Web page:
Core War is a programming game where assembly-language programs battle in the memory of a virtual computer. I have participated in this game in an on-and-off fashion since 1996, writing tutorials, organizing tournaments and even occasionally playing the game itself (with little success). This page does not attempt to list all of the Core War -related material I've written (most of it can be found in the newsgroup rec.games.corewar), but should serve as an overview of sorts.
I consider this guide my major contribution to Core War. Mostly written in 1997, it still remains one of the best starting points for people interested in learning the basics of the game. The guide also contains one of the few complete descriptions of the current de facto Redcode standard.
I've also written a number of shorter Core War -related tutorials and explanations, mostly as a result of questions asked on rec.games.corewar. Some of those are listed below, in no particular order.
Over the years, I've organized two single-round Core War tournaments. The first, held in April-May 1998, attempted to create an Iterated Prisoners' Dilemma -like situation between P-switchers, in the hope that co-operative strategies would emerge. The results should speak for themselves...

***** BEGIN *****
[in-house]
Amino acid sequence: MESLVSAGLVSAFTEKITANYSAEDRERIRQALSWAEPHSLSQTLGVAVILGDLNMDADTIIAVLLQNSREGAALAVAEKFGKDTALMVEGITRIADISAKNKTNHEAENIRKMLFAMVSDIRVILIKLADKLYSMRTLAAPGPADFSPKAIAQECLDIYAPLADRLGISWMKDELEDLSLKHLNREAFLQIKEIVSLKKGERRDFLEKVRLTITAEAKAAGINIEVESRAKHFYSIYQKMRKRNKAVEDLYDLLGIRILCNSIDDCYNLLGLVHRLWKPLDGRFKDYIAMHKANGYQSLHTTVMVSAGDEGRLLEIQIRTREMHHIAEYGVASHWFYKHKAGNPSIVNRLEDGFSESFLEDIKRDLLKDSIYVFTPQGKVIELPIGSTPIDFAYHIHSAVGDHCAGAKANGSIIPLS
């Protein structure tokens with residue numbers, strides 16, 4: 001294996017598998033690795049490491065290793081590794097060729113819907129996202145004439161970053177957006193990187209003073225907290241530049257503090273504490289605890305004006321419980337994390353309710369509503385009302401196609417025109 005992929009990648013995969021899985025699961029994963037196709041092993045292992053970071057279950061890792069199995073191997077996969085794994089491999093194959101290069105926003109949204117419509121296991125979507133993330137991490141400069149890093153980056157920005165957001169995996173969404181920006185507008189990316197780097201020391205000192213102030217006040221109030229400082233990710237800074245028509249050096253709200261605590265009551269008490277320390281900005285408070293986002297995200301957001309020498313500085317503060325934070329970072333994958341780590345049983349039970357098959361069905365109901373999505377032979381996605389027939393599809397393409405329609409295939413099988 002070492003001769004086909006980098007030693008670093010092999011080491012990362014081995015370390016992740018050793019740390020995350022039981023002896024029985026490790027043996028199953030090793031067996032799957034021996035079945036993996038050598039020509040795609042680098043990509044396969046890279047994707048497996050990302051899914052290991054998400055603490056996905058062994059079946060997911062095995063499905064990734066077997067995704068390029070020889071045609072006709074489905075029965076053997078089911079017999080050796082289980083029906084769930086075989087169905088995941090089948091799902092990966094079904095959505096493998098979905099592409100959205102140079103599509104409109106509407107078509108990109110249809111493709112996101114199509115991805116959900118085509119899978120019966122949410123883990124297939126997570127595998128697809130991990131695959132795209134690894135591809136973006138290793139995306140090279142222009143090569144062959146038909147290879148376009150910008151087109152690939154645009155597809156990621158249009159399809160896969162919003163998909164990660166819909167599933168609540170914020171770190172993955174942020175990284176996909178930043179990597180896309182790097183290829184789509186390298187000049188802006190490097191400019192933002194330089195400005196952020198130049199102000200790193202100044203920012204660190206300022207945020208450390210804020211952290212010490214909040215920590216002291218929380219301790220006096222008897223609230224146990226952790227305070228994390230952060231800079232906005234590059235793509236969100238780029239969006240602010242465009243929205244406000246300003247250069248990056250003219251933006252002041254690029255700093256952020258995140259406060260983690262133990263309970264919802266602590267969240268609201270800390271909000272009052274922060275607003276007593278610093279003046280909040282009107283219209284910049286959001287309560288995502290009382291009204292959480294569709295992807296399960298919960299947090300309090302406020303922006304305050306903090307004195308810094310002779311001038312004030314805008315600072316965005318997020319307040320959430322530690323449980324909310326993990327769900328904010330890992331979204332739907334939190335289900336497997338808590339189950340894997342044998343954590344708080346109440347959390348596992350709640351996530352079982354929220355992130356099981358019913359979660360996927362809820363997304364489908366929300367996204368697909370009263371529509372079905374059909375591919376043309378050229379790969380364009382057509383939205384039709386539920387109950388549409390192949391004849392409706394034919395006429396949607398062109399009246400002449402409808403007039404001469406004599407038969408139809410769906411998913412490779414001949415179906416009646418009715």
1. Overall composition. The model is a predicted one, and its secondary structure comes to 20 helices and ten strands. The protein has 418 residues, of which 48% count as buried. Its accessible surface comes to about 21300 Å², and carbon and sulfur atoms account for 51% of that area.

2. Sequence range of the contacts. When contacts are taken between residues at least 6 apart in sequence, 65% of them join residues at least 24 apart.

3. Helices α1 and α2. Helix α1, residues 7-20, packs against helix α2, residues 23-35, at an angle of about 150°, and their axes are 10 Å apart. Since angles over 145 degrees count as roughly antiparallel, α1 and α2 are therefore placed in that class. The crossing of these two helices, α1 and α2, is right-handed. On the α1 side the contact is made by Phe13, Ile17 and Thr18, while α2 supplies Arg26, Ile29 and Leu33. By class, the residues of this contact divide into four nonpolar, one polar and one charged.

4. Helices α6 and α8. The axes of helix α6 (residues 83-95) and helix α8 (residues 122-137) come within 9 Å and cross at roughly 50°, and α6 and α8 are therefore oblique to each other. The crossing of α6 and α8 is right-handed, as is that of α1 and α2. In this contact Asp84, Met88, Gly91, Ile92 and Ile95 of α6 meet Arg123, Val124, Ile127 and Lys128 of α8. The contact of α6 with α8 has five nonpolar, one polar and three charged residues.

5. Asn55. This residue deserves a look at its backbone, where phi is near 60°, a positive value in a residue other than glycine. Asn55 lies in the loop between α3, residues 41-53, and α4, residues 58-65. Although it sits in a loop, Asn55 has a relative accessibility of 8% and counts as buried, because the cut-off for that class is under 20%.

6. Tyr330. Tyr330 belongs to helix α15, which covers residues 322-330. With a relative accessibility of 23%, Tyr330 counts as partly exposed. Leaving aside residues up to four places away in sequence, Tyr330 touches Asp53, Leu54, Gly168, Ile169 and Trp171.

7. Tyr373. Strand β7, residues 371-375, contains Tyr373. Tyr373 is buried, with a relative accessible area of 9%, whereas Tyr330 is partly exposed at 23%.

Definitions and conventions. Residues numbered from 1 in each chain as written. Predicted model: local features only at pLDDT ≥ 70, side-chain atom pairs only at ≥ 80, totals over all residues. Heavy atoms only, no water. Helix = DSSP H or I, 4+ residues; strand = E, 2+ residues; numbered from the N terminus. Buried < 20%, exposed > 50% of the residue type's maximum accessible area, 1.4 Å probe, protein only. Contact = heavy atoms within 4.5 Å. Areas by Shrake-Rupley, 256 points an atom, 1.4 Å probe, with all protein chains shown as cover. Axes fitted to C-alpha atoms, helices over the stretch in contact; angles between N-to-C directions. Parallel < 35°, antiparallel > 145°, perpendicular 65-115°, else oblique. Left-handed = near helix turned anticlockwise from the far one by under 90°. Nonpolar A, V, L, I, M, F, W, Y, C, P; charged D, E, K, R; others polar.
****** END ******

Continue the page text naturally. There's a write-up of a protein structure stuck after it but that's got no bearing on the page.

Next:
The second mini-tournament was an ordinary round-robin melee, except that it was fought in a very small 80-instruction core, with a maximum warrior length of 4 instructions. The most surprising result in this tournament was the unexpected success of genetic algorithms over human coders, with the top two warriors both produced by a GA.
The following programs were my entries in Anton Marsden's somewhat unconventional Core War tournament of 1997, which I somehow managed to win! This was the first and the last time I ever ranked even in the top half of a tournament -- needless to say, I was just a little bit surprised.
Time Lag (1997, scan + cont. clear) is my self-splitting scanner, probably the first and only one of its kind. It works too, it just doesn't score too well because it's big and slow. As a proof-of-concept warrior, though, it's quite successful.
I also came up with the Vortex Launch (1999, imp), a compact way of launching heavy interleaved imp spirals using parallel processes, perfectly suited for silks. In fact, it turns out I'd reinvented an idea used much earlier by John K. Wilkinson in his famous Return Of The Jedimp, but the source for his warrior wasn't published until June 2000.